The present study was carried to find out the HRV changes and subjective perceptions of undergoing EEG. The subjective experiences of the procedure ranged from relaxing to uneasy. These differences may be because of varied temperament, mood and personality types of the volunteers. Stress response is dependent on the environmental and personal characteristics of the individual [19]. Another possibility is the mobilization of different cognitive faculties as the key players in stress appraisal response. The stress response depends not only on the specific type of stressor but it commences after the cognitive appraisal of stimulus as a threat [20].

Scientific studies to assess the effects of massage on the ANS are limited, yet evidences suggest varied findings. An increase in both parasympathetic [21] and sympathetic [22] activities have been reported with massages. Subjective relaxation is a common finding with different types of massage although a physiological relaxation response depends on the type, duration or site of massage. These varied results may be dependent on increased or decreased arousal as indicated by heart rate and EEG activity depending on the type (light, moderate or vibratory) of massage [23].

In the present study, we found no significant differences in time and frequency parameters of HRV. Although HRV parameters are useful and it is a sensitive tool to assess ANS activity during various emotional states, anxiety, therapeutic touch, massage [12] and pain [6,13,14,15,16], the lack of clear cut patterns in HRV may be because of varied reasons. The first possibility is the differences in individual perception of the intervention. The second possibility is varied experiences with temporal progression, with the same participant having experienced 2 opposite extremes of experiences over and over again, which may have cancelled out sympathetic and parasympathetic responses. The procedure of EEG electrodes placement may have evoked relaxation response due to parasympathetic activation resulting from gentle soothing massage and touch or stress response resulting in sympathetic activation due to fatigue, exhaustion and restriction or mixed typed response. Third is that the intervention was gentle and hence failed to activate any physiological autonomic response. Though this is quite unlikely, yet it cannot be ruled out. Another alternative explanation may be that the effect was too small to be measured or the instrumentation system not sensitive enough to detect the effects.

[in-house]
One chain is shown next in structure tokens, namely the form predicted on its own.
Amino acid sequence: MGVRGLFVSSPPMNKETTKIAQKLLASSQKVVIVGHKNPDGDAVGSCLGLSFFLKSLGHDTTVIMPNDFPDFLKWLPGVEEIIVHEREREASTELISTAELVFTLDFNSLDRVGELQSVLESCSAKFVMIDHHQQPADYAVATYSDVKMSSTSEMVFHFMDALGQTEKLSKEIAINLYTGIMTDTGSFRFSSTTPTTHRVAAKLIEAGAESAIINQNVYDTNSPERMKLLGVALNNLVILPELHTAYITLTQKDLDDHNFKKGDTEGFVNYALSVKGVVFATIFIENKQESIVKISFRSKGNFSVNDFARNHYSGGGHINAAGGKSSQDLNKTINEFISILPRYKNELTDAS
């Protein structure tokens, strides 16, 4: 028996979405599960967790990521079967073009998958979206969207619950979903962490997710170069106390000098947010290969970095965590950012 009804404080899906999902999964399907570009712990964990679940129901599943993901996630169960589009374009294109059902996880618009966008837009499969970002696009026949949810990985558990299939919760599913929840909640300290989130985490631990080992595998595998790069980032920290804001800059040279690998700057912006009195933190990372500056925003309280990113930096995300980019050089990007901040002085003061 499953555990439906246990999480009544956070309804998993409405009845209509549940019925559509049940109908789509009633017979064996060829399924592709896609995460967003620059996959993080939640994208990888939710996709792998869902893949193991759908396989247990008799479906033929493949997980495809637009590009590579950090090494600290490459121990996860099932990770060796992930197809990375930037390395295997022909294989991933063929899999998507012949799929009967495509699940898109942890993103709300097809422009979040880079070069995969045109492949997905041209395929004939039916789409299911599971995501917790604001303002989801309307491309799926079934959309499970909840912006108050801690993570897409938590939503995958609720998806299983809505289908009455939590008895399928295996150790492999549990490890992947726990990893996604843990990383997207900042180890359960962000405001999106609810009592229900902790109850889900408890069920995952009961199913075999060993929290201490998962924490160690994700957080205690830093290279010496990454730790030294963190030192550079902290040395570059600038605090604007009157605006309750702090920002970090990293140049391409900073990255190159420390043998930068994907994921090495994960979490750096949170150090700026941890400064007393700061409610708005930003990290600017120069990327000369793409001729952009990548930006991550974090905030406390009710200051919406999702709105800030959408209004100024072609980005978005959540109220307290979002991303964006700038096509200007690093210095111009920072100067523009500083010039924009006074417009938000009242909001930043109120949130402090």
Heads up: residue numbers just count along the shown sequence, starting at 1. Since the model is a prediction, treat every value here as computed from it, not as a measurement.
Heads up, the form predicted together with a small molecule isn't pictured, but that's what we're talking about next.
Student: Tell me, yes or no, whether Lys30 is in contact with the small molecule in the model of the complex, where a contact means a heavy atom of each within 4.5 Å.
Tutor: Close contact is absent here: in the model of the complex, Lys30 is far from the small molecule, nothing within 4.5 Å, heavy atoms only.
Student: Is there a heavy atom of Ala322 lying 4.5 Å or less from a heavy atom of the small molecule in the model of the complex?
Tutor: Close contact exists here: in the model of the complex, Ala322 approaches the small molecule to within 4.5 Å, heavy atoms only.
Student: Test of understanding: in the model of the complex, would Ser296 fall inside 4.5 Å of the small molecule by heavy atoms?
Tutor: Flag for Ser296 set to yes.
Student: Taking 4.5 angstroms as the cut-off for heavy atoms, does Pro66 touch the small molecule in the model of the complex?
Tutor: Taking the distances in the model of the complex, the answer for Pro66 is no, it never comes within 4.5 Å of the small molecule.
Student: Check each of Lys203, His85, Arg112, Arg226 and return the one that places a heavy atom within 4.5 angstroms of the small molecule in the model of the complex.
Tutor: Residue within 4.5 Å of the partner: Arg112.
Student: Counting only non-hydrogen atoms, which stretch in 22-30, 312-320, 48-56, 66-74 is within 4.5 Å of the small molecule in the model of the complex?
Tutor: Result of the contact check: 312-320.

The scenario may also point at the effect being masked by the interplay of unknown variables or the effect of responders in the study population being masked by opposite effects from non-responders. The variations in response of individual may have first evoked sympathetic and later on parasympathetic responses or vice versa and a more complex cyclical response with the temporal progression of the procedure over a period.

A variety of variables ranging from physical to mental have been reported in literature to significantly alter HRV and they can be quantified by average LF/HF ratio. It may range from controlled breathing at 15 breaths per minute to performing mental tasks [24,25]. Therefore, during the study, all confounding factors like physical, mental and others that may affect HRV should be taken into consideration through randomization [25]. Still stringently randomized controlled studies may get confounded by participant's mental activity with the temporal course of the study and mental activity is deemed as the factor having an utmost effect on the HRV. Controlling mental activity, however, is nearly impossible, with the possible exception of study during sleep [25], which was not feasible in our experimental settings.

In summary, undergoing EEG has varied experience and no significant change in HRV may be due to the mix heterogeneous autonomic response, different individual personality types (sympathetic type, parasympathetic type and non-responder) and complex mental states originating with temporal progression of task. However, the possibility may be that no stress is generated during clinical test.

The results of our study may be specific to our participants and their perceptions of intervention in our laboratory settings.

R.K.: data collection, drafting of manuscript, statistical analysis; Y.S.: data collection, drafting, interpretation of result; A.G.: critical revision of draft and valuable input; P.P.: design of study.

Intramural research grant, AIIMS, Rishikesh.